She opens the door and finds Gabrielle standing outside. The mere sight of the gladiator is somehow defeat enough—even sober, how would I get past that beautiful blockade?—and she slumps in the doorway. "What are you doing here?" Xena slurs.

"Pullo told me to keep guard." Gabrielle stands erect, hand tucked behind her, head tilted proudly yet with eyes cast downward—a good soldier's stance, Xena thinks, which means the gladiator was about to be serious. She'd quite had enough of people being serious over the past few days, in fact she'd quite had enough of people altogether, but she never, ever wants to discourage this woman from speaking.

Even if she's doing nothing more than piling on cliché. "I am sorry for your loss," the gladiator blurts.

Xena blinks again before realizing she's talking about your husband, you fucking fool. Is it shock, still? The strange euphoria of guilty relief, his death confirmation of the void within her? Zeus, Hera, Ares, Aphrodite. Did I love him? Did I ever love him? I petition you all, answer me, for my heart is as unfathomable as a labyrinth.

Solemn as a priestess, Gabrielle keeps her eyes trained on an invisible point in the distance. "Is there anything I can do for you?"

Same as Cleopatra, Xena thinks. Well, not exactly. "No. Thank you." She turns back to her chambers and then, just as quickly, spins around again. "There is, however, something I can do for you."

Concerned, the gladiator moves closer. "Yes?"

One more step and you'll have my wine-sour mouth on yours. "I can give you your freedom. In fact, I should have done it the moment I acquired you from Cato. I did have papers prepared—well, months ago, actually, but never found the time to—and now, it's ridiculous of me to have waited so long—" I am drowning. Help me.

"No, it's not," Gabrielle interrupts gently. "You have been very preoccupied." She blinks while silently—and critically—examining this new skein in the weave of her existence; the Fates were no more trustworthy than the fat, flashy merchants one found at market, selling beautiful bolts of colored silk that disintegrated and unraveled at the slightest tug.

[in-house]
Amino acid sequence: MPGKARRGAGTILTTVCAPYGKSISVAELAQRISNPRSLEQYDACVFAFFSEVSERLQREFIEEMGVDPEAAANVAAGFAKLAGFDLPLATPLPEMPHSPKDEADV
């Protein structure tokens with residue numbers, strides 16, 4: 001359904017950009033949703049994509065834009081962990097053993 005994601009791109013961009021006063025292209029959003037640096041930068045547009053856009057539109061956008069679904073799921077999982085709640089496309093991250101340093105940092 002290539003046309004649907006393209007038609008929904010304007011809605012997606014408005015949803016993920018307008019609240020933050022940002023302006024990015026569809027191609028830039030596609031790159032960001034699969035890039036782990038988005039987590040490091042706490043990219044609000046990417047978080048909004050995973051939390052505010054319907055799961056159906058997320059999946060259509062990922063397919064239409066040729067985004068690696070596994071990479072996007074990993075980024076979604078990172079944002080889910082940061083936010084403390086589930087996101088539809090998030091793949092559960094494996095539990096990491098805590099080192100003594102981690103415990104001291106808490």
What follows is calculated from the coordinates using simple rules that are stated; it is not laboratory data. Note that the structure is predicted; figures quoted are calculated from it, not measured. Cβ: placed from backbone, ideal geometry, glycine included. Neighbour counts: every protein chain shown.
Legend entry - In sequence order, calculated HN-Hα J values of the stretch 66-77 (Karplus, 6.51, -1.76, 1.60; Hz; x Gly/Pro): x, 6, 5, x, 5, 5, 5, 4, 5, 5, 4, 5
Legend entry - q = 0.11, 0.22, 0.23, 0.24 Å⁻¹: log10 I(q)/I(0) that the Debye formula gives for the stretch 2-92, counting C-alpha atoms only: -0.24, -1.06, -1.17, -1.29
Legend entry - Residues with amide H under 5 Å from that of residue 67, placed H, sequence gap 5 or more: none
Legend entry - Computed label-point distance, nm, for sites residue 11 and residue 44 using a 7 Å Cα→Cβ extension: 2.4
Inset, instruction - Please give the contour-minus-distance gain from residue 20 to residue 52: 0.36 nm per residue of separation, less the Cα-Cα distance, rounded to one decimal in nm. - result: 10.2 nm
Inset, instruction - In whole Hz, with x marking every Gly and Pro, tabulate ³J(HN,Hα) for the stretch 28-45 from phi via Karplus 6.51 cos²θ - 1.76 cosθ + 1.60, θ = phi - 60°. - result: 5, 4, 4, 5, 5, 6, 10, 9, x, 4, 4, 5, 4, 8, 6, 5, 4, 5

"You look shocked."

"It's a little overwhelming."

"You were free once before. It'll come back to you."

"Yes." Gabrielle's face falls into its usual fierce, stubborn mask. "I suppose I should thank you."

Xena smiles—and would laugh but for the iron grip of widowhood's protocols. Was a smile alone too much? Her eyes scan the dark hallways; there are always shadow spies who can weave a world of lies based on the smallest of truths. But what was the truth here? "I suppose your mother never told you to thank someone after you've received a gift?"

"The gift of what was rightfully mine all along?" The mischievous glint of Gabrielle's eyes threatens her deadpan reserve.

"Touché," Xena replies, acutely aware that prior attempts at cheeky insubordination by others in her presence typically resulted in said individuals receiving either prison sentences or broken extremities. "Well." Suddenly her throat is painfully tight, and the unforeseen consequence hits her squarely: It is quite possible that she will never see the gladiator again. "Now that you are free—I suppose Apollonius and the library will lay full claim upon you."

Gabrielle stiffens and frowns petulantly. "Are you saying you no longer wish me in your service?"

And Xena almost laughs again in giddy relief. "You may do as your please, of course. But what have I done to gain such devotion?"

The gladiator ignores this. "I am happy with the assignation of my duties as they currently stand, with the way things are."